This coming weekend, the organizers of Comic-Con International (returning as a live event after a two-year hiatus) will announce the winners of the 2022 Will Eisner Comic Industry Awards, established with the goal of “bringing attention to and highlighting the best publications and creators in comics and graphic novels”. For a number of years now, the awards have included one for Best Academic/Scholarly Work, and this year, for the first time ever, one of the titles nominated in this category is a monograph on Japanese comics – Comics and the Origins of Manga: A Revisionist History (Eike Exner, Rutgers University Press).

Exner’s basic goal in this study is to go beyond the simple statement that Western comics were introduced into Japan along with other Western cultural products, and present an in-depth examination of how Japanese audiences consumed Western comics. He is able to demonstrate that Western comics directly influenced the form and shape of Japanese visual culture, in part simply by examining the extent to which Japanese readers were exposed to translated comics.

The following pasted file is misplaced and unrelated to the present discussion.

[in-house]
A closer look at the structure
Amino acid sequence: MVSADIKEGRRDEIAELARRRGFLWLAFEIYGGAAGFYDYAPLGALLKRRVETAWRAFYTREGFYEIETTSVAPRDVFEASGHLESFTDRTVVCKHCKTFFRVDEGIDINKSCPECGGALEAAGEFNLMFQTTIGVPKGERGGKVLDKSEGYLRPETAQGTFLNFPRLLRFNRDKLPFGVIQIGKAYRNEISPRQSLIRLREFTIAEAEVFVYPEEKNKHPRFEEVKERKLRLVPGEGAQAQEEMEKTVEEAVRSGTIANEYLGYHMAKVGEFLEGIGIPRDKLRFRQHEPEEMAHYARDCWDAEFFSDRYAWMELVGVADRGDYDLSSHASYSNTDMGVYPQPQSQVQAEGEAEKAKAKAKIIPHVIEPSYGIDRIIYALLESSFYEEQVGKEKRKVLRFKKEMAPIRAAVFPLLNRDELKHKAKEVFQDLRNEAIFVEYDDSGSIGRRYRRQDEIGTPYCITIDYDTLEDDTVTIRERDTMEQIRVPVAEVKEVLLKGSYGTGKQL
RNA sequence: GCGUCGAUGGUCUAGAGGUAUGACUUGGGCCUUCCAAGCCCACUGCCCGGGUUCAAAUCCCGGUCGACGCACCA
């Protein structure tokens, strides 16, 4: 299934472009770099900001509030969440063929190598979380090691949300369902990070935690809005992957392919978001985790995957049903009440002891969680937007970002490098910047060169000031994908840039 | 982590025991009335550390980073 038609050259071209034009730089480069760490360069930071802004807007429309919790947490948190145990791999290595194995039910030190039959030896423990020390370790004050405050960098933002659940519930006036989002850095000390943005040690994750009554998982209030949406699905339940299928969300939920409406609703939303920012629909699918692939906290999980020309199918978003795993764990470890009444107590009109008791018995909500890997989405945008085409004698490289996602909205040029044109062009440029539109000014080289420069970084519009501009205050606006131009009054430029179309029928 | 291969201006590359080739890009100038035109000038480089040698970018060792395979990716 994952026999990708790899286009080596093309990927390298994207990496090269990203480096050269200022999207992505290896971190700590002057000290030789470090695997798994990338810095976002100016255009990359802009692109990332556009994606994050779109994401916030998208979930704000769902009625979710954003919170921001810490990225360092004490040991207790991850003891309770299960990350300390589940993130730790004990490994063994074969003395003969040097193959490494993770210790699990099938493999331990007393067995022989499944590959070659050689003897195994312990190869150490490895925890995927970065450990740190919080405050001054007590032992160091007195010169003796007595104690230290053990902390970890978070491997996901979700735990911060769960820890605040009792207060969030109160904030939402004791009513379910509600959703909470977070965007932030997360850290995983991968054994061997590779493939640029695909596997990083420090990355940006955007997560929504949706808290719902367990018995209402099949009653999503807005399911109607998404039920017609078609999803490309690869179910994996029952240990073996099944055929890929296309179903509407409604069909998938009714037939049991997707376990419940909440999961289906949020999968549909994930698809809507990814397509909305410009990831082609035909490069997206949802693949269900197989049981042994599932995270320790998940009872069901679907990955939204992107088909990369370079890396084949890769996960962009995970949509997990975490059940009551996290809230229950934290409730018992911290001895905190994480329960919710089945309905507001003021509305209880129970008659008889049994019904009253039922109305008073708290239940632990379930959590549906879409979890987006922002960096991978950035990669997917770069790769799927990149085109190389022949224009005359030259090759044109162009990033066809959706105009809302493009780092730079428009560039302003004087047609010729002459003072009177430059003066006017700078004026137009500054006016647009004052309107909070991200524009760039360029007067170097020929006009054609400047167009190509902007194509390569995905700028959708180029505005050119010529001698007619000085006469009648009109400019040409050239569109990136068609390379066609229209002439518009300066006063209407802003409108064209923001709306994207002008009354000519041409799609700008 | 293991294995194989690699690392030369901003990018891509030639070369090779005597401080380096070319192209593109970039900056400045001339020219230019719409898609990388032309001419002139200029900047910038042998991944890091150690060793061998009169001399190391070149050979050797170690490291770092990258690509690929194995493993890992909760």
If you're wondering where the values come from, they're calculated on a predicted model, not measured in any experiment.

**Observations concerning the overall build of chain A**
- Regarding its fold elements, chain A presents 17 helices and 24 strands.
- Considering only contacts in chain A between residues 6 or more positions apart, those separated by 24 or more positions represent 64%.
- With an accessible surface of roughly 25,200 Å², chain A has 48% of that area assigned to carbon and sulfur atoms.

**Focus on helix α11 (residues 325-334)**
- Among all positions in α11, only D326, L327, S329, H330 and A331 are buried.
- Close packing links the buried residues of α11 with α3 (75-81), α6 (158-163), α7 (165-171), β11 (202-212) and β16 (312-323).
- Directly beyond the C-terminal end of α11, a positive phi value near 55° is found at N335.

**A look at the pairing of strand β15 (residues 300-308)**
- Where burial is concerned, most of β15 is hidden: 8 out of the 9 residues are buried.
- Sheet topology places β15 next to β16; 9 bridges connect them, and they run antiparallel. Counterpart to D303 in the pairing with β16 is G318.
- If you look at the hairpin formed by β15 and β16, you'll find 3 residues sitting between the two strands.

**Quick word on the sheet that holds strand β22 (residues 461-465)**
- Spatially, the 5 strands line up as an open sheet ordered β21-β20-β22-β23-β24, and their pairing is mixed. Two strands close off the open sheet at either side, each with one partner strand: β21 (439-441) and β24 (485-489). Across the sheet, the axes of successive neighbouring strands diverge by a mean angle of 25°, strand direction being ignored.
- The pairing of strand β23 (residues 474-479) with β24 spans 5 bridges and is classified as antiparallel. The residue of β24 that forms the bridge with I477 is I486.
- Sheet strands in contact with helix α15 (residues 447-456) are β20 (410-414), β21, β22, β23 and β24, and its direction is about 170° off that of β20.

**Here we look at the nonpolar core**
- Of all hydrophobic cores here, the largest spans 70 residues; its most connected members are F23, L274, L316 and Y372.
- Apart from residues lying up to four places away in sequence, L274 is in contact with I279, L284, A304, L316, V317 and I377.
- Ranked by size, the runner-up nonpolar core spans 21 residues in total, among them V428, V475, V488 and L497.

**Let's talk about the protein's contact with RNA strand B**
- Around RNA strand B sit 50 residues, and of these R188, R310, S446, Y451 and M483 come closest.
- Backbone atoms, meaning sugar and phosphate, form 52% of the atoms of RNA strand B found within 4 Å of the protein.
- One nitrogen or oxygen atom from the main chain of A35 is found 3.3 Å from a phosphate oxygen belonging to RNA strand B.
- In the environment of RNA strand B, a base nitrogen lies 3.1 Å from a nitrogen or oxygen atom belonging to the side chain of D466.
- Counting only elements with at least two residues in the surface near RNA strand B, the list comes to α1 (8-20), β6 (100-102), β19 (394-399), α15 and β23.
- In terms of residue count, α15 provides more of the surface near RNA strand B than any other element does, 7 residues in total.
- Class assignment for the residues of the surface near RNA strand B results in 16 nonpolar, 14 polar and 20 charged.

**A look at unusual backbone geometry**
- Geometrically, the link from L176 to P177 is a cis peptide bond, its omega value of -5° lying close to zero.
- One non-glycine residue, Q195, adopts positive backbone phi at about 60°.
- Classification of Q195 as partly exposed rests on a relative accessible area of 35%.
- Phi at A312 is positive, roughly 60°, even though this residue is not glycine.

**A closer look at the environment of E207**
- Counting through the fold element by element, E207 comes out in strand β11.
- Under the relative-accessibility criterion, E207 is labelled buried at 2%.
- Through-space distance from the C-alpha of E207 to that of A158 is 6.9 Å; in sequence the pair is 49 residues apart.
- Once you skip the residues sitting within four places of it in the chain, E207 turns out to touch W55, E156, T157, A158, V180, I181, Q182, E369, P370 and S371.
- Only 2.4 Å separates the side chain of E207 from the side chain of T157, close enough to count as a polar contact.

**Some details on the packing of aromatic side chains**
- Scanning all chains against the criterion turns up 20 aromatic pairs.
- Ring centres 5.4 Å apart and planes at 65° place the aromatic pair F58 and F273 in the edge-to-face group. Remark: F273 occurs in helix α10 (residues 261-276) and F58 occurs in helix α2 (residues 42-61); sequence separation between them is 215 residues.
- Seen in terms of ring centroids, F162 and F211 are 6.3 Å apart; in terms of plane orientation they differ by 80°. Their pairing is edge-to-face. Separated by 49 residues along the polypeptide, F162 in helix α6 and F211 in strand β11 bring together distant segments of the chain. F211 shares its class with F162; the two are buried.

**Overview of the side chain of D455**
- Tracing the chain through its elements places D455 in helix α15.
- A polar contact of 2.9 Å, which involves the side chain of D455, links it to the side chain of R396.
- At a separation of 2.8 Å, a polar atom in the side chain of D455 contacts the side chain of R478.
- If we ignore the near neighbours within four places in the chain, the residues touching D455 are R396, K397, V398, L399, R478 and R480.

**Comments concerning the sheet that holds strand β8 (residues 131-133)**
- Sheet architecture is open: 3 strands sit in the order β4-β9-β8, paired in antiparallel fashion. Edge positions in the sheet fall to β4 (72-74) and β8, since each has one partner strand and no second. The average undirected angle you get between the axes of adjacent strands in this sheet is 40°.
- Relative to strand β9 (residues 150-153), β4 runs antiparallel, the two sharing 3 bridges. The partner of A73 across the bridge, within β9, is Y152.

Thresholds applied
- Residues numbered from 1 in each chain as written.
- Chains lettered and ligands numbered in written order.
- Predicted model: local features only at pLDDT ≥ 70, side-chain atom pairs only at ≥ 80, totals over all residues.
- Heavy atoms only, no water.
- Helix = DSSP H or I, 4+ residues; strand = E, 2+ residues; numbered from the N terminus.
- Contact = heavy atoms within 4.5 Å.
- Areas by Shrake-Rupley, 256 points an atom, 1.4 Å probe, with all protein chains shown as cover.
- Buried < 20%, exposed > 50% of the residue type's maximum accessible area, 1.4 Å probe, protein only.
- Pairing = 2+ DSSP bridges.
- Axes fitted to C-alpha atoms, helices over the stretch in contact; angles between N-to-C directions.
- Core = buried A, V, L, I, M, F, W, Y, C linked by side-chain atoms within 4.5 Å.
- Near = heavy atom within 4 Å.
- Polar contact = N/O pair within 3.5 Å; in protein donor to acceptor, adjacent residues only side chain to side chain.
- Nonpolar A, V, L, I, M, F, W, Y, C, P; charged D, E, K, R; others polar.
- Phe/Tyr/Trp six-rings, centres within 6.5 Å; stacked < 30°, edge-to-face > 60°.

When I started studying the history of comics and manga, I found it odd how two things so similar could have developed independently of each other

– Eike Exner, p. xi

So far, I have not seen any formal reviews of this book. But it has received extensive praise from the comics/manga studies community – Henry Jenkins praises the author for “groundbreaking archival research”, John A. Lent calls the book “a history-altering masterpiece!”, Gennifer Weisenfeld points out the “meticulous and comprehensive” scholarship. An audio interview with the author is available on the New Books Network.

Ed. note: In previous years, two other titles on Japanese comics received Eisner nominations – Boys Love Manga and Beyond: History, Culture and Community in Japan in 2016 and Women’s Manga in Asia and Beyond: Uniting Different Cultures and Identities in 2020. Several other essay collections that have been nominated for the award did not focus on manga, but included chapters that did.

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